|MSI N560GTX-Ti GeForce Video Card|
|Reviews - Featured Reviews: Video Cards|
|Written by Bruce Normann|
|Sunday, 30 January 2011|
Page 19 of 19
MSI N560GTX-Ti Twin Frozr II/OC Conclusion
IMPORTANT: Although the rating and final score mentioned in this conclusion are made to be as objective as possible, please be advised that every author perceives these factors differently at various points in time. While we each do our best to ensure that all aspects of the product are considered, there are often times unforeseen market conditions and manufacturer changes which occur after publication that could render our rating obsolete. Please do not base any purchase solely on our conclusion, as it represents our product rating specifically for the product tested which may differ from future versions. Benchmark Reviews begins our conclusion with a short summary for each of the areas that we rate.
From a performance standpoint, the GTX 560 Ti exceeded my expectations. I'm a little jaded I guess about manufacturer's claims, but NVIDIA didn't pull any punches with this update. The GTX460 is already a widely accepted success in the marketplace, and this new collection of two billion transistors is just as much a revelation for the upper middle class of graphics cards as the original was. I'm also thrilled with the Twin Frozr II cooling solution, due to the low noise, the aggressive fan profile, and the lower operating temperatures. Power requirements are very modest, as NVIDIA recommends a 500W PSU, which is actually below the minimum I would personally consider for any modern gaming rig.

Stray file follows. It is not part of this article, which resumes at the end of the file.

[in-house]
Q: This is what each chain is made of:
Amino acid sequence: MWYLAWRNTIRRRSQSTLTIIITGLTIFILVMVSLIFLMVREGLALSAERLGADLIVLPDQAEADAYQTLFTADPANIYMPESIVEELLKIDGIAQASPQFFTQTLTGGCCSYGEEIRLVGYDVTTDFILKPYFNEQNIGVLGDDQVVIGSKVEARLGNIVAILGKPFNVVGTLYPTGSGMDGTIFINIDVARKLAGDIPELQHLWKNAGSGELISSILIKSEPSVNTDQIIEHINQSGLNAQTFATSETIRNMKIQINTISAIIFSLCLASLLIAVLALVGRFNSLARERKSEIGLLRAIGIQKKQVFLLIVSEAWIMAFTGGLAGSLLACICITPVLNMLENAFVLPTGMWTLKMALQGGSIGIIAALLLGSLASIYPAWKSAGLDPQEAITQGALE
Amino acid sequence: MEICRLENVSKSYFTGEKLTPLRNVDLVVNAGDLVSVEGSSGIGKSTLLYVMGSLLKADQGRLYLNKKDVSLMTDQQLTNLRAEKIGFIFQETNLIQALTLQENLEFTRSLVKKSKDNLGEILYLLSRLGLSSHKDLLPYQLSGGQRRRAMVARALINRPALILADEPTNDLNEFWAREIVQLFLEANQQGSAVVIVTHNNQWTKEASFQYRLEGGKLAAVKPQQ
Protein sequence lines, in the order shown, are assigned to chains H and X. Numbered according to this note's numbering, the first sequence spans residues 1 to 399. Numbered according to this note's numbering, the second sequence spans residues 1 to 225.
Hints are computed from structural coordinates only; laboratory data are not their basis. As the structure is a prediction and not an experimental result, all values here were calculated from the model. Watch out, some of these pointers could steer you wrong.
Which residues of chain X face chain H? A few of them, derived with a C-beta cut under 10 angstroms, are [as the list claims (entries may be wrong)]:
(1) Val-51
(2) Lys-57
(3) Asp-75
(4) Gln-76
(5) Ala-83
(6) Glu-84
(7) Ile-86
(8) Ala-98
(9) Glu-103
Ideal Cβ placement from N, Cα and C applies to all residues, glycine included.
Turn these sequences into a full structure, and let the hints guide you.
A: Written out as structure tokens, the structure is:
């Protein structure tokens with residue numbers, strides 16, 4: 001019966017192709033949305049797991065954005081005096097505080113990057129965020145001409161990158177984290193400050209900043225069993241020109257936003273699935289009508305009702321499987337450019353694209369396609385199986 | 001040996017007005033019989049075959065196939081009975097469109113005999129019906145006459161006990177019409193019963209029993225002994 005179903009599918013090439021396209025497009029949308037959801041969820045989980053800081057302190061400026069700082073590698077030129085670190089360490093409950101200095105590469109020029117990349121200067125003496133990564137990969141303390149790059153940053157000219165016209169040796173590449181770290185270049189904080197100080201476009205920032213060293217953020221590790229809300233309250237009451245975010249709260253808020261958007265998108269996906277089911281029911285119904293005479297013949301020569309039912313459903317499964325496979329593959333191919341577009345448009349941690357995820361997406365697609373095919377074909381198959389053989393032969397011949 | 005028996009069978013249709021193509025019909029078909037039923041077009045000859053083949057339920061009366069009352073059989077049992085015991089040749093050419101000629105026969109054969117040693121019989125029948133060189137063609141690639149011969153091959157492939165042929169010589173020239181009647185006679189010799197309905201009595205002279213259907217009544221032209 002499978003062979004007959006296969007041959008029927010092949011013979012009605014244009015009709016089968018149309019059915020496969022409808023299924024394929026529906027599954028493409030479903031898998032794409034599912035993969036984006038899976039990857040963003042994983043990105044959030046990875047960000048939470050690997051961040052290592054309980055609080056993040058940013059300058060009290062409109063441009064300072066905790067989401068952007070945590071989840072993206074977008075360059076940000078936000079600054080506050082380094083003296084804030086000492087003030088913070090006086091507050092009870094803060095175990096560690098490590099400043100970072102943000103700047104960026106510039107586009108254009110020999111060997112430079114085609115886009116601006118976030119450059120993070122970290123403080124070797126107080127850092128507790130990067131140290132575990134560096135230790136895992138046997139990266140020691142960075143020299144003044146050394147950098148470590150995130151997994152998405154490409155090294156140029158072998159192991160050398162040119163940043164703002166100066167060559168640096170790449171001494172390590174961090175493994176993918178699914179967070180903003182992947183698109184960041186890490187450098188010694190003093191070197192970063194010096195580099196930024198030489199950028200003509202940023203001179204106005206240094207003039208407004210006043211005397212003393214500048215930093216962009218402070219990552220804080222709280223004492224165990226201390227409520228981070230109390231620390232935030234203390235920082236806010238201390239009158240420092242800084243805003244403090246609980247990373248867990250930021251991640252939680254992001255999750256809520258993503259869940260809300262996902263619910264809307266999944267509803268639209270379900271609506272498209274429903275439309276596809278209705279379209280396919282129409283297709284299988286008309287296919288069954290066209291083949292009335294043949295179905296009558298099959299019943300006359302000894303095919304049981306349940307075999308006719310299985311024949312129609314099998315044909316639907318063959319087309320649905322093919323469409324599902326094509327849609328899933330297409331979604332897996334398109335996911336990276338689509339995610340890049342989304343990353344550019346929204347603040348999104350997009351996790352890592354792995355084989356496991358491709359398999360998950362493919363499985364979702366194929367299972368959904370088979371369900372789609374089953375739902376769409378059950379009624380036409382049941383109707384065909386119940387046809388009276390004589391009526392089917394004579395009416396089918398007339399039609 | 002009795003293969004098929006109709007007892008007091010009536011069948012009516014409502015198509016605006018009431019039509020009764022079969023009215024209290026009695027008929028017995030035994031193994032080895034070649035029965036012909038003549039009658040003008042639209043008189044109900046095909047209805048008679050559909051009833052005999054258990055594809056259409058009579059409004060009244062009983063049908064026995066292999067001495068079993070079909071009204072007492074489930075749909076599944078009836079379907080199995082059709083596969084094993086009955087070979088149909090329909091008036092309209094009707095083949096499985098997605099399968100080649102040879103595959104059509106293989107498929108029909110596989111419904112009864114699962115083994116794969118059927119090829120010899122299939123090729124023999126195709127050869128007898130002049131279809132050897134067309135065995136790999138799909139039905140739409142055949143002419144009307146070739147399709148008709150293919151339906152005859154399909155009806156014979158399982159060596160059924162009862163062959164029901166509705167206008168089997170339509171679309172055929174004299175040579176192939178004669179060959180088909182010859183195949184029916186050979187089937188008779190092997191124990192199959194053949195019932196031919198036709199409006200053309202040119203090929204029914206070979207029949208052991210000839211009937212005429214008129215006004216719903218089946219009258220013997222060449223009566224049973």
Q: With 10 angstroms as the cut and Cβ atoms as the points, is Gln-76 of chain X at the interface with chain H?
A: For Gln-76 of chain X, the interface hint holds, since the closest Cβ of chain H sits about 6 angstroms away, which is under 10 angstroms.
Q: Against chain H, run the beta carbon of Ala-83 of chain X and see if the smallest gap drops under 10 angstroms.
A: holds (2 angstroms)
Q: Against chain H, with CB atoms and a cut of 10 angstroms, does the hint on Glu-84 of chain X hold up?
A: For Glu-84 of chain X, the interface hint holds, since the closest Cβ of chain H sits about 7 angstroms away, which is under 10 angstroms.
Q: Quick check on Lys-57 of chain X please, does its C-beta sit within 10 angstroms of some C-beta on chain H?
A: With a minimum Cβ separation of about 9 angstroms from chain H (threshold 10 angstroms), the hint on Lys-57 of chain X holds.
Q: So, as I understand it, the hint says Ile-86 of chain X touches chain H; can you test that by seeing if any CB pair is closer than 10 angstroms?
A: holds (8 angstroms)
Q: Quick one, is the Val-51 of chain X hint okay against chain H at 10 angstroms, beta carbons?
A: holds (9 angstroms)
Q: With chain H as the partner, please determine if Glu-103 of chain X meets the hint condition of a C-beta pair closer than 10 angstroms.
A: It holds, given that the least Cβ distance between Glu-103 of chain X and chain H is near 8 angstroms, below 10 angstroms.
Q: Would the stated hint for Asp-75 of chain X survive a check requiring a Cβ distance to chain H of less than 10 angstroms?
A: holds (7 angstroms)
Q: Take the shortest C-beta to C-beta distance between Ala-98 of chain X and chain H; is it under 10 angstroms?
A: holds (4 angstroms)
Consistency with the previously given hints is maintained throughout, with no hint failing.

The appearance of the MSI N560GTX-Ti Twin Frozr II/OC video card is very attractive; the stylish fan shroud gives it a very modern look. The decorative touches are subtle and refined, and the anodized aluminum does a good job of avoiding fingerprints without being a dull expanse of grey metal. MSI did a nice job producing a subtle design that is business-like, yet manages to show off its muscles at the same time. They have definitely improved on the earlier version of the Twin Frozr cooler in terms of visual design, and I certainly don't mind seeing a repeat of the Twin Frozr II design from the GTX 460 cards.
The build quality of the MSI N560GTX-Ti card was quite good. Everything is assembled well, everything fit when I put it back together, and the overall impression of the card was very solid. The densely packed cooler adds a certain heft to the card and also lends a good deal of rigidity to the package. The packaging was of the highest quality and very informative. The front panel lifts up to showcase a large display of all the many features this card incorporates. The upgraded power supply arrangement used all high quality parts, and was clearly intended to be a class leading design. I pushed this card to the wall repeatedly, and it never stumbled or complained once.